KEARNEY, Neb. — Emerald Ash Borer (EAB) was confirmed in Kearney by the Nebraska Department of Agriculture and the United States Department of Agriculture.
Now that the beetle has made its way to central Nebraska, how it will affect other ash trees?
"We all kind of know what to look for and always have our eyes peeled for it," said the Kearney Parks and Rec Assistant City Forester Mike Fearnley.
It's been four years since the EAB was first found in the state, and now it's made its way to central Nebraska.
"It's really dependent on having people out there looking for it. Low level infestations can really go undetected for a significant amount of time like two or three years. This was a situation where staff with the city of Kearney had done a really good job of educating themselves on what to look for. They were out doing their regular tree maintenance and they saw a tree and said 'wow, we think this looks like Emerald Ash Borer, we should contact the Nebraska Department of Agriculture," said a Nebraska Department of Agriculture State Entomologist Julie Van Meter.
The first sign of EAB on a tree is the thinning branches at the top, but as you get closer you can see other signs including small D-shaped holes. If you peel back the bark, you'll also see the beetle's feeding patterns underneath.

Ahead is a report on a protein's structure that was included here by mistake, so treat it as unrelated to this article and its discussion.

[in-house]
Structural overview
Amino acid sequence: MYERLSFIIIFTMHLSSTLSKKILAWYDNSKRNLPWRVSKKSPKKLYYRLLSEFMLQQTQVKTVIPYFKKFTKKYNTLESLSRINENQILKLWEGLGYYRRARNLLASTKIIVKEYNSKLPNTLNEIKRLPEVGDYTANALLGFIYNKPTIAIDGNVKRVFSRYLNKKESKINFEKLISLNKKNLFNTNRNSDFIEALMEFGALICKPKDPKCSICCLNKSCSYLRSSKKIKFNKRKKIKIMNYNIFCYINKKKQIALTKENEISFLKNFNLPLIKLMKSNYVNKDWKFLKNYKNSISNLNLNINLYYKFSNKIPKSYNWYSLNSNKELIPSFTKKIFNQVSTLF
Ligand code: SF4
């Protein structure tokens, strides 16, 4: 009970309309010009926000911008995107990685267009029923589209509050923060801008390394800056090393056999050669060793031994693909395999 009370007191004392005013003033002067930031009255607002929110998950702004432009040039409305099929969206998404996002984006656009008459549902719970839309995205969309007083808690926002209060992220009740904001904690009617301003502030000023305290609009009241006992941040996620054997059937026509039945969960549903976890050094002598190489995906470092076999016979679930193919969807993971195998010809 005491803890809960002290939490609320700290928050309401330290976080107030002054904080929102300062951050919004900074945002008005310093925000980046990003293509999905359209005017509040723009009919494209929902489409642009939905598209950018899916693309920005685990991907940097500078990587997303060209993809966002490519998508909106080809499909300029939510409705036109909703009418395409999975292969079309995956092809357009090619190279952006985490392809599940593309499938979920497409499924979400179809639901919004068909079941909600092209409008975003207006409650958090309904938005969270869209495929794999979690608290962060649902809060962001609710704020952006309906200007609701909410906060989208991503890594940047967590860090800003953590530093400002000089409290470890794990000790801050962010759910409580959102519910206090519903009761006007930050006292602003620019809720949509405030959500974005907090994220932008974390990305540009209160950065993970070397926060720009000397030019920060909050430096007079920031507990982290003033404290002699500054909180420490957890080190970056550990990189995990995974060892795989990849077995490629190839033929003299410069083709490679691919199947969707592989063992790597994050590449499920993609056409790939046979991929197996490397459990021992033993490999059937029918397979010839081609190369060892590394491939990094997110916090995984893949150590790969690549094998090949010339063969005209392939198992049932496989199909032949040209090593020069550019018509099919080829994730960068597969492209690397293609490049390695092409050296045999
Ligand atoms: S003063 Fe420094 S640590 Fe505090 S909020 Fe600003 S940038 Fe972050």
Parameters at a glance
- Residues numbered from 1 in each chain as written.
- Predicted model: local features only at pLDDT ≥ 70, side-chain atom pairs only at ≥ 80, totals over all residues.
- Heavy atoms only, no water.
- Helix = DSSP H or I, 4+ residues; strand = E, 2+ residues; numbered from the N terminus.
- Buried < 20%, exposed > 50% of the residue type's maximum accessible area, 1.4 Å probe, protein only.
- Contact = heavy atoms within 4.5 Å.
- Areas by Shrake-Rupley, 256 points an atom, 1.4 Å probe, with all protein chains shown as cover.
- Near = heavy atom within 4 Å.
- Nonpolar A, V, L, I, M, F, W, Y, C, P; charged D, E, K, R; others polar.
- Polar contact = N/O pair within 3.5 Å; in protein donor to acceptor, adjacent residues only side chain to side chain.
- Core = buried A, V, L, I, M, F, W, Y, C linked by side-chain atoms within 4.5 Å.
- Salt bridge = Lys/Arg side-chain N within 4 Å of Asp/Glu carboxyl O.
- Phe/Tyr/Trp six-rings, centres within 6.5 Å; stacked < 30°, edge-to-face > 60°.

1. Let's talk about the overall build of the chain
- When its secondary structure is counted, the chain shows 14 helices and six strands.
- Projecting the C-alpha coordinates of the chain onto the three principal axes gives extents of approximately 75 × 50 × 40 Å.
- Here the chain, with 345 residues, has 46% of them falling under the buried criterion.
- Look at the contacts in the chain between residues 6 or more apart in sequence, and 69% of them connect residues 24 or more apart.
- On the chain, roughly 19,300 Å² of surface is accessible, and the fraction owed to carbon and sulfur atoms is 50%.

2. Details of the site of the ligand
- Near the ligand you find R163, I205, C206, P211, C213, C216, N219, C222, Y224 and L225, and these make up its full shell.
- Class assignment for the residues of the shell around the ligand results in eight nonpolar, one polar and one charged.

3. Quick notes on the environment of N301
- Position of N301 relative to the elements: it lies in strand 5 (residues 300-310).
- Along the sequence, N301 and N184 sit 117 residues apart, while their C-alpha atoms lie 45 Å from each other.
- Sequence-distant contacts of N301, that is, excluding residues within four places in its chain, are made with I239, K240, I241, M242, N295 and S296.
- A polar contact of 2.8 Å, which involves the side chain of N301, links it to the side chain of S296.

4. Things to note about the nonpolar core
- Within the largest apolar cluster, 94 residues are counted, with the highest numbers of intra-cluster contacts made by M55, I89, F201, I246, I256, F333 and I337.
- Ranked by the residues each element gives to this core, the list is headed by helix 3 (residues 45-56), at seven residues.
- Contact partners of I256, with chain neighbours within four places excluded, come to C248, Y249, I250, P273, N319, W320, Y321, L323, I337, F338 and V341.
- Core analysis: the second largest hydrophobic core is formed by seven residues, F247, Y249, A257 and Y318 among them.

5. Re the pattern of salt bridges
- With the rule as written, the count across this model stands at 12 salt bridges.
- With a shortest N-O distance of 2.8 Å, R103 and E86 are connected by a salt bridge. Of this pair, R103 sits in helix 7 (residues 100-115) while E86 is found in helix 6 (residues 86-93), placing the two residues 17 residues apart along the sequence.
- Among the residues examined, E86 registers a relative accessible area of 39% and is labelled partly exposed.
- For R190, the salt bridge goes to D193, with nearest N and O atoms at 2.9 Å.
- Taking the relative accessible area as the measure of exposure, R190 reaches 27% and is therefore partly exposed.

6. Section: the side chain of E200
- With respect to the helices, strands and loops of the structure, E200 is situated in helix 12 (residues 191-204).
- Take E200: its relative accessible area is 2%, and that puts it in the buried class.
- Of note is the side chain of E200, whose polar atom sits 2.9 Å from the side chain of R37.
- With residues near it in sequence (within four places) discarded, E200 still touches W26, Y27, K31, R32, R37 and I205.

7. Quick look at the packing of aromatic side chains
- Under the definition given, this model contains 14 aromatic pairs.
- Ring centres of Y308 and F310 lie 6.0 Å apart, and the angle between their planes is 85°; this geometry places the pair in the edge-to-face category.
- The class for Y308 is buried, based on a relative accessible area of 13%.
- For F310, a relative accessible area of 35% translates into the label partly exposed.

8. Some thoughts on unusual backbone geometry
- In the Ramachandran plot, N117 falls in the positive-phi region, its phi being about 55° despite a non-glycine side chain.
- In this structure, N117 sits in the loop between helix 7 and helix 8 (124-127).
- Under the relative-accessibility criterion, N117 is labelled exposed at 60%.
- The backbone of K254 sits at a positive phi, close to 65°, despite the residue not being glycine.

"Emerald Ash Borer because it's an invasive species we don't have any natural predators like we would on some of our native diseases or insects. It feeds right behind the bark right where all the water and nutrient movement happens within the tree. If we get a large enough infestation what it does is it pretty much stops the sap flow in the tree. That's where we start to see the canopy die back in that tree because the tree is not able to take water up to its upper canopy," said Nebraska Extension Educator Elizabeth Exstrom.
Upon discovery of EAB, the area its found in is then put in a quarantine with a 15-mile radius to prevent the spread to other ash trees elsewhere.
"We've enacted quarantine that regulate the movement of specific products from the quarantine area from the areas outside to prevent the spread of it," said Van Meter.
If you don't want to take your ash tree down right away, you could also treat it while another grows in its place.
"If you do have an ash tree, you suspect it could be infested or if you just want to be proactive and remove your ash tree, we recommend you do that prior to the tree dying completely because it's just safer for the public and anyone involved," said Exstrom.